Ashubhabhavana, Aśubhabhāvana, Ashubha-bhavana, Asubhabhāvanā: 3 definitions
Ashubhabhavana means something in Buddhism, Pali, Hinduism, Sanskrit. If you want to know the exact meaning, history, etymology or English translation of this term then check out the descriptions on this page. Add your comment or reference to a book if you want to contribute to this summary article.
The Sanskrit term Aśubhabhāvana can be transliterated into English as Asubhabhavana or Ashubhabhavana, using the IAST transliteration scheme (?).
Mahayana (major branch of Buddhism)Source: Wisdom Library: Maha Prajnaparamita Sastra
Aśubhabhāvana (अशुभभावन) refers to “contemplation of the disgusting”, which is a good counteragent (kuśala pratipakṣadharma) in the sickness of attachment (rāgavyādhi); it is not good (kuśala) in the sickness of hatred (dveṣavyādhi) and is not a remedy (pratipakṣadharma). Why? Aśubhabhāvana is the contemplation of bodily defects (kāyadoṣaparīkṣā); if a hateful man contemplates the faults of his enemy, he increases the flame of his hatred.
Mahayana (महायान, mahāyāna) is a major branch of Buddhism focusing on the path of a Bodhisattva (spiritual aspirants/ enlightened beings). Extant literature is vast and primarely composed in the Sanskrit language. There are many sūtras of which some of the earliest are the various Prajñāpāramitā sūtras.
Languages of India and abroad
Sanskrit dictionarySource: Cologne Digital Sanskrit Dictionaries: Edgerton Buddhist Hybrid Sanskrit Dictionary
Aśubhabhāvanā (अशुभभावना).—f. pl. °nāḥ Mahāvyutpatti 1155; Bodhisattvabhūmi 98.18 (read aśubha-bhāvanā for ed. aśubhā-bh°); or aśubha- saṃjñā, Bhikṣuṇī-karmavācanā 27a.2 (= Pali asubha-bhāvanā or -saññā), see saṃjñā, contemplation of offensive things, specifically of human corpses in various states of disintegration; there are nine (in Pali, Vism. i.110.29—31 ten) such monkish disciplines, elsewhere called simply nava saṃjñāh, the nine concepts (of offensive things), Śatasāhasrikā-prajñāpāramitā 59.1; 1258.5; a less schematized passage of the same sort in older Pali, Majjhimanikāya (Pali) i.58.9 ff. In Mahāvyutpatti 1156—64 they are listed, each [compound] with -saṃjñā: (1) vinīlaka-, (2) vipūyaka- (so read), (3) vipaḍumaka-, (4) vyādhmātaka-, (5) vilohitaka-, (6) vikhāditaka-, (7) vikṣiptaka-, (8) vidagdhaka-, (9) asthi-saṃjñā (see each of these). Bhikṣuṇī-karmavācanā 27a.2—3 agrees except that it transposes Nos. 5 and 6 and accidentally omits 8 (which perhaps should be put after 9; only Mahāvyutpatti has it before 9). There are three lists (one incomplete, [Page080-b+ 71] one very corrupt) in Śatasāhasrikā-prajñāpāramitā 59.1 ff., 1258.5 ff., 1431.19 ff. (six items only; cited from the last, with only four items one of which is not in this Śatasāhasrikā-prajñāpāramitā list, in Śikṣāsamuccaya 211.1). Barring corruptions, the Śatasāhasrikā-prajñāpāramitā lists agree with Mahāvyutpatti and Bhikṣuṇī-karmavācanā ex- cept in order of the terms, in which they show some (slight) resemblance to the Pali (Vism.) arrangement. Śatasāhasrikā-prajñāpāramitā 1 (Śikṣāsamuccaya 1) = Vism 1 = Mahāvyutpatti 4; Śatasāhasrikā-prajñāpāramitā^3 (= 1431.19 ff.) 2 = Śikṣāsamuccaya 2 = Vism 2 = Śatasāhasrikā-prajñāpāramitā^1 (= 59.1 ff.) and^2 (= 1258.5 ff.) 5 = Mahāvyutpatti 1; Śatasāhasrikā-prajñāpāramitā and Śikṣāsamuccaya 3 = Vism 3 = Mahāvyutpatti 2; Śikṣāsamuccaya 4 (not in Śatasāhasrikā-prajñāpāramitā^3) = Śatasāhasrikā-prajñāpāramitā^1 and ^2 2 = Vism 9 = Mahāvyutpatti 3; Śatasāhasrikā-prajñāpāramitā^1 and^2 4 = Śatasāhasrikā-prajñāpāramitā^3 5 = Vism 8 = Mahāvyutpatti 5 (Bhikṣuṇī-karmavācanā 6); Śatasāhasrikā-prajñāpāramitā^1 and^2 6 = Śatasāhasrikā-prajñāpāramitā^3 4 = Vism 5 = Mahāvyutpatti 6 (Bhikṣuṇī-karmavācanā 5); Śatasāhasrikā-prajñāpāramitā^1 and^2, Mahāvyutpatti 7 = Śatasāhasrikā-prajñāpāramitā^3, Vism 6; Śatasāhasrikā-prajñāpāramitā^1 and^2 8 = Vism 10 = Mahāvyutpatti 9; Śatasāhasrikā-prajñāpāramitā^1 and ^2 9 = Mahāvyutpatti 8 (omitted in Bhikṣuṇī-karmavācanā; Vism 4 has a different term, vicchiddaka, fissured Pe Maung Tin; Vism 7 hata-vikkhittaka is variation on Vism 7 vikkhittaka = Mahāvyutpatti 7). On the meanings, as well as the variants and cor- ruptions, see the terms as listed above from Mahāvyutpatti.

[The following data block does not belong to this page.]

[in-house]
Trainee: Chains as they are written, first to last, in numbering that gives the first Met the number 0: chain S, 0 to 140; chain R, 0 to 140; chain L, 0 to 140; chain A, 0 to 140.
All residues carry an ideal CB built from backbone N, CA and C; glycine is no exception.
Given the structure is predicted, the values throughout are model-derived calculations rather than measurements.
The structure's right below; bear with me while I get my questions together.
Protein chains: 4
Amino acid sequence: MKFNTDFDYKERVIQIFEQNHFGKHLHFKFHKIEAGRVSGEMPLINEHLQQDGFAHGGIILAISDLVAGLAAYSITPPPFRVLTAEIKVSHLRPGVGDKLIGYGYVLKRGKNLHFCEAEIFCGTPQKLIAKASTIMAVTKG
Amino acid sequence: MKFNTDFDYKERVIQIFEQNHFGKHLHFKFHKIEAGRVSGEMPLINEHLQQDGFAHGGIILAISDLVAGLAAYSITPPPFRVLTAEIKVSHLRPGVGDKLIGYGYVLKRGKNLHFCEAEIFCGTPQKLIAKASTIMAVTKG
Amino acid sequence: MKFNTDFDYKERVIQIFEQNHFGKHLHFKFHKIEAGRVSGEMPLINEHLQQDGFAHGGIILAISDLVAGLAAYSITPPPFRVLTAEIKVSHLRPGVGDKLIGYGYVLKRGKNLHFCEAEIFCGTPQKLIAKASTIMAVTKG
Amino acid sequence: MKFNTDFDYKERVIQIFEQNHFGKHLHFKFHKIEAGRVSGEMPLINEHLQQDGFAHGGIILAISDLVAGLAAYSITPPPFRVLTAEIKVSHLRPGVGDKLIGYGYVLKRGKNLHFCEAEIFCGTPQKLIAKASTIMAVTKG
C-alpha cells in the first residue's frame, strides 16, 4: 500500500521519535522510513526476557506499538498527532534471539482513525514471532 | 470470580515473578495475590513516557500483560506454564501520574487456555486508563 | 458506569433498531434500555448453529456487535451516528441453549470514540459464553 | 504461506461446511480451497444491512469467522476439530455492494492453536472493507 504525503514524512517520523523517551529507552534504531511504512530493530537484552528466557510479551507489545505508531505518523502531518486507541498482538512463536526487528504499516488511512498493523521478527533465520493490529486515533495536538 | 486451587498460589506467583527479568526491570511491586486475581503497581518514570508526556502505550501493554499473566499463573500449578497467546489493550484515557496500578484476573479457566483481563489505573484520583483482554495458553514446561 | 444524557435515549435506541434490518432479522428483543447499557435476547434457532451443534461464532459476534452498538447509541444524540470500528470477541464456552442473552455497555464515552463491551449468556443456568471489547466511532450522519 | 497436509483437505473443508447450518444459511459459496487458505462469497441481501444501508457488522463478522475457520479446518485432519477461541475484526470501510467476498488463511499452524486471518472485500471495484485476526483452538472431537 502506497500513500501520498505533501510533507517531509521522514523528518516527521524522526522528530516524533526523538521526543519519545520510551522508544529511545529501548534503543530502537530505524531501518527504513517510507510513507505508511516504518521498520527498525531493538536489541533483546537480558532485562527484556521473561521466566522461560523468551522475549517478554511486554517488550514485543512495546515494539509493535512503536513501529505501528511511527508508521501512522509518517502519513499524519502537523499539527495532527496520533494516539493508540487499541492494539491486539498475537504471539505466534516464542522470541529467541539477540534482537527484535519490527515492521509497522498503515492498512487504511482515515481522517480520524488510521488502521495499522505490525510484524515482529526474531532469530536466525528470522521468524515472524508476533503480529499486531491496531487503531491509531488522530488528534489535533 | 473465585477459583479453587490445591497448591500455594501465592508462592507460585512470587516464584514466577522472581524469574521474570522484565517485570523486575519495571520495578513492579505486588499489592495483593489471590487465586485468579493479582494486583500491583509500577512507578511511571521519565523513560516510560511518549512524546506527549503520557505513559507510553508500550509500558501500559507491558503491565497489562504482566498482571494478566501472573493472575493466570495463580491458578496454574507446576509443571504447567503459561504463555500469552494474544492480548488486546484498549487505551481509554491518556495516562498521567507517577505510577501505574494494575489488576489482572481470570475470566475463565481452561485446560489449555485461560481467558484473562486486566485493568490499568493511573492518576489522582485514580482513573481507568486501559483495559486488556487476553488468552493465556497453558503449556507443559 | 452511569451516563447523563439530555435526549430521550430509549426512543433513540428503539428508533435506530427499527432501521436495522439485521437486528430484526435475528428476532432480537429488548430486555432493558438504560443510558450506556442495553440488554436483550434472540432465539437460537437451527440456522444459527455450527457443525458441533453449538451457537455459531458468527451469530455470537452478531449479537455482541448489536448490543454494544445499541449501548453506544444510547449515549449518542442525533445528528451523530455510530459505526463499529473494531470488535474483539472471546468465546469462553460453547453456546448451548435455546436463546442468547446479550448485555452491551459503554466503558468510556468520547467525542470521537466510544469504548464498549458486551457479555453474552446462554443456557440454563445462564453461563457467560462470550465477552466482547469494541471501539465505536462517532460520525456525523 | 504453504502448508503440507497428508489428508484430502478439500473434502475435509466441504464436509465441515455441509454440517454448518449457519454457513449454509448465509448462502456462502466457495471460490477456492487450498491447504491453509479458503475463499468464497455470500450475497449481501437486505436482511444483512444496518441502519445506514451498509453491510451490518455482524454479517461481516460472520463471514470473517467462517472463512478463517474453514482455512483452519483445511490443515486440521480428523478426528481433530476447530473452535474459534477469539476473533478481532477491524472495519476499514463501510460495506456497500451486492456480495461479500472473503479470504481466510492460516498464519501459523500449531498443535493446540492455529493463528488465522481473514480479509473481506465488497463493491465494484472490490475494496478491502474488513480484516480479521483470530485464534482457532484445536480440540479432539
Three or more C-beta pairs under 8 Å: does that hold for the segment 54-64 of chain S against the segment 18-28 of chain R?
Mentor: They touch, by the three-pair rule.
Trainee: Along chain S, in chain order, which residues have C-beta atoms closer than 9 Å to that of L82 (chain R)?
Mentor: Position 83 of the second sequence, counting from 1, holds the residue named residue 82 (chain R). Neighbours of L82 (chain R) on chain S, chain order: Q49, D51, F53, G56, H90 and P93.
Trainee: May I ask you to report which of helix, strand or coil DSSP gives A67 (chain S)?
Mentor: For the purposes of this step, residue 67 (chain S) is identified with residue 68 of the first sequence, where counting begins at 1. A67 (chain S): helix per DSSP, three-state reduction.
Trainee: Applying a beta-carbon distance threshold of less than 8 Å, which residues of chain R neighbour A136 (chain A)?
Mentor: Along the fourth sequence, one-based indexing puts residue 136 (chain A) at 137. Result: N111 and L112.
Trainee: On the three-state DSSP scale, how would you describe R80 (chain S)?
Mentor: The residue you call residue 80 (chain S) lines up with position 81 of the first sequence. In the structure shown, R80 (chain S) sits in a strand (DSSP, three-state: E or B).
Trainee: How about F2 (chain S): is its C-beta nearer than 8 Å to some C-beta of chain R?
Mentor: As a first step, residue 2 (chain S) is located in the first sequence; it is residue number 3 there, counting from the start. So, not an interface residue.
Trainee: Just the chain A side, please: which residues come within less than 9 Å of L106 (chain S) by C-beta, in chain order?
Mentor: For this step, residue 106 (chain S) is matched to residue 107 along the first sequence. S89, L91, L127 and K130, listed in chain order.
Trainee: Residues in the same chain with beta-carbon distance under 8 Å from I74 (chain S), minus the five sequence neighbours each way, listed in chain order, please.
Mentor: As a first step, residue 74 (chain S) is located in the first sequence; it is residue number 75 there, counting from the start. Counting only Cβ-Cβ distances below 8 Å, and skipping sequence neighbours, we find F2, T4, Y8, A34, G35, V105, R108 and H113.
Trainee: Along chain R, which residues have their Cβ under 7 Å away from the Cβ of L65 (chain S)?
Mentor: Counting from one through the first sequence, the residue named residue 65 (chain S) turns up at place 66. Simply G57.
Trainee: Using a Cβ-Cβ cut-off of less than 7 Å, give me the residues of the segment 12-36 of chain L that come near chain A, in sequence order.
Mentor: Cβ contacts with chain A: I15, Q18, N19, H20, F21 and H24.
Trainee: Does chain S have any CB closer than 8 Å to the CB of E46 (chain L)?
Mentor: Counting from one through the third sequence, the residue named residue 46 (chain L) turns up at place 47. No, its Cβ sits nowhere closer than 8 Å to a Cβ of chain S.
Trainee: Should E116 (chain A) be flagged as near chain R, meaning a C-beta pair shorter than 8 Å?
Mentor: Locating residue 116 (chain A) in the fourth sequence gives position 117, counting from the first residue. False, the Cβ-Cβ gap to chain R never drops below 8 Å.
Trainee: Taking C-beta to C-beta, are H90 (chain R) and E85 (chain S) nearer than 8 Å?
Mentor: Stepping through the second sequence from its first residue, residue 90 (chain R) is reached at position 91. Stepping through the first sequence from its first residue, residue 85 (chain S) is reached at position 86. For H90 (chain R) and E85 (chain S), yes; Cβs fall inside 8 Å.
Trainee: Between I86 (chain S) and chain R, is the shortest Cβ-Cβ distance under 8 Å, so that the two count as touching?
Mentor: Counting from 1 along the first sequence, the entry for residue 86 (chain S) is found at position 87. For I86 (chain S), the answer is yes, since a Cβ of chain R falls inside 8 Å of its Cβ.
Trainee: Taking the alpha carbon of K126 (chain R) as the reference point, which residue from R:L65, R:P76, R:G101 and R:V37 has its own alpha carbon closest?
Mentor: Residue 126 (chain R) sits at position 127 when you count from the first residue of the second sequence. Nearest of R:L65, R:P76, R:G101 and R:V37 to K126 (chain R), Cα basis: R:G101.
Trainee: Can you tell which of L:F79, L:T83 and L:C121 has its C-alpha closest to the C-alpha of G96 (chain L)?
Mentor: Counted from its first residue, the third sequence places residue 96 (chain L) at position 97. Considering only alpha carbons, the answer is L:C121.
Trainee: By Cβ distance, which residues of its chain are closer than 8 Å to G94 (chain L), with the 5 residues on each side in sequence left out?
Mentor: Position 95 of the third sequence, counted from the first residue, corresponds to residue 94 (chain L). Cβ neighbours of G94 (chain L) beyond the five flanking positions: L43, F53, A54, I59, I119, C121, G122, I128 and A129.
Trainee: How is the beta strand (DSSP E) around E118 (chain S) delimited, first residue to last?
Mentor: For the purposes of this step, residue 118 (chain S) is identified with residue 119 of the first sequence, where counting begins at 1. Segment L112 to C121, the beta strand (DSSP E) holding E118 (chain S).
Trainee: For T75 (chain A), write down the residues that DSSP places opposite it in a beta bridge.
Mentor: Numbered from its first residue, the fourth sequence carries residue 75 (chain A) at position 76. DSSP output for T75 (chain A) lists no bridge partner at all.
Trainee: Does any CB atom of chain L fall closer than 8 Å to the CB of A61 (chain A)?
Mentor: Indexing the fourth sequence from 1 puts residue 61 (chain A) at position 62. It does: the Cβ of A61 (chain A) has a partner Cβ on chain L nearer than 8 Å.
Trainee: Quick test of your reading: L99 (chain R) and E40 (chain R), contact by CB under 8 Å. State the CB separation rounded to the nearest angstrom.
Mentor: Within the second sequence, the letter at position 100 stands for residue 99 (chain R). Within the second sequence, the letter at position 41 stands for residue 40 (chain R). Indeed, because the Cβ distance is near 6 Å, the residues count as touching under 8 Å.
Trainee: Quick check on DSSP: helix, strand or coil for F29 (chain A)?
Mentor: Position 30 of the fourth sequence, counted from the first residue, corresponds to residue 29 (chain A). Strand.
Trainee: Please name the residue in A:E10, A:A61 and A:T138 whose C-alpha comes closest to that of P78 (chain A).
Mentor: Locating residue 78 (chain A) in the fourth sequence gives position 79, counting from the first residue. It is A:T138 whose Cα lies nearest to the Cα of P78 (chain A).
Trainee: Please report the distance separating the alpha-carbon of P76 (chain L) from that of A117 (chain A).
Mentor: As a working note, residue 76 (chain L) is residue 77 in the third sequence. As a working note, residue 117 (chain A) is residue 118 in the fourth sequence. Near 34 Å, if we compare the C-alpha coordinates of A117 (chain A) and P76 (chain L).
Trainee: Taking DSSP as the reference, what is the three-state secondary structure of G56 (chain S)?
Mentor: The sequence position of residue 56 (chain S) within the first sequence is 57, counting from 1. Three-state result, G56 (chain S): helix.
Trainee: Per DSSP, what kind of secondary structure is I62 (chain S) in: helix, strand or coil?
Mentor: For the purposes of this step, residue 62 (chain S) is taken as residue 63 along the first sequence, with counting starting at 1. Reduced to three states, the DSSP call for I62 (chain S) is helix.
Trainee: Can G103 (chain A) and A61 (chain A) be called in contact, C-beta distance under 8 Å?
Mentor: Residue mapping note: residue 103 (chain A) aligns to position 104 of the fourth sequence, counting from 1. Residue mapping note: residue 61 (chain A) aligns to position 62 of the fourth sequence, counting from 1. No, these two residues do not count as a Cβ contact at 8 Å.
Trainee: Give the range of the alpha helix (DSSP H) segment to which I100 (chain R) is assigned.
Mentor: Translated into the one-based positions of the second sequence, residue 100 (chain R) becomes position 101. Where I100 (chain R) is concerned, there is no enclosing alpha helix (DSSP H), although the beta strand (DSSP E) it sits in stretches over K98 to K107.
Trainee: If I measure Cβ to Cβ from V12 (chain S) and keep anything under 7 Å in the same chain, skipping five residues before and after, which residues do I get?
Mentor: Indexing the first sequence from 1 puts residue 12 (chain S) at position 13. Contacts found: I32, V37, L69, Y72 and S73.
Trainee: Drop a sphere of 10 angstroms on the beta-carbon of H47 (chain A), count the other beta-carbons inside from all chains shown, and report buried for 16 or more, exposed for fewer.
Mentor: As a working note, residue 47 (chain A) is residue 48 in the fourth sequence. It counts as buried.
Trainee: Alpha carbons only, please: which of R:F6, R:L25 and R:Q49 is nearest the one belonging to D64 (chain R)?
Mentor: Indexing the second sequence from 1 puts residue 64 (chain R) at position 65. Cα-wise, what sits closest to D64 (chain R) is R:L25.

Sanskrit, also spelled संस्कृतम् (saṃskṛtam), is an ancient language of India commonly seen as the grandmother of the Indo-European language family (even English!). Closely allied with Prakrit and Pali, Sanskrit is more exhaustive in both grammar and terms and has the most extensive collection of literature in the world, greatly surpassing its sister-languages Greek and Latin.
Pali-English dictionarySource: Sutta: The Pali Text Society's Pali-English Dictionary
Asubhabhāvanā refers to: contemplation of the impurity (of the body) Vin. III, 68.
Note: asubhabhāvanā is a Pali compound consisting of the words asubha and bhāvanā.
Pali is the language of the Tipiṭaka, which is the sacred canon of Theravāda Buddhism and contains much of the Buddha’s speech. Closeley related to Sanskrit, both languages are used interchangeably between religions.
See also (Relevant definitions)
Full-text: Asthisamjna, Ashubhatasamjni, Vikshiptaka, Vinilaka, Vilohitaka, Vikhaditaka, Vyadhmataka, Vidagdhaka, Vipuyaka, Vipadumaka, Sambharamarga, Shuklavidarshana, Prayogamarga, Kaya Gata Sati, Samjna.
Search found 3 books and stories containing Ashubhabhavana, Ashubha-bhavana, Aśubha-bhāvana, Asubha-bhavana, Aśubha-bhāvanā, Asubha-bhāvanā, Asubhabhavana, Aśubhabhāvana, Aśubhabhāvanā, Asubhabhāvanā; (plurals include: Ashubhabhavanas, bhavanas, bhāvanas, bhāvanās, Asubhabhavanas, Aśubhabhāvanas, Aśubhabhāvanās, Asubhabhāvanās). You can also click to the full overview containing English textual excerpts. Below are direct links for the most relevant articles:
Maha Prajnaparamita Sastra (by Gelongma Karma Migme Chödrön)
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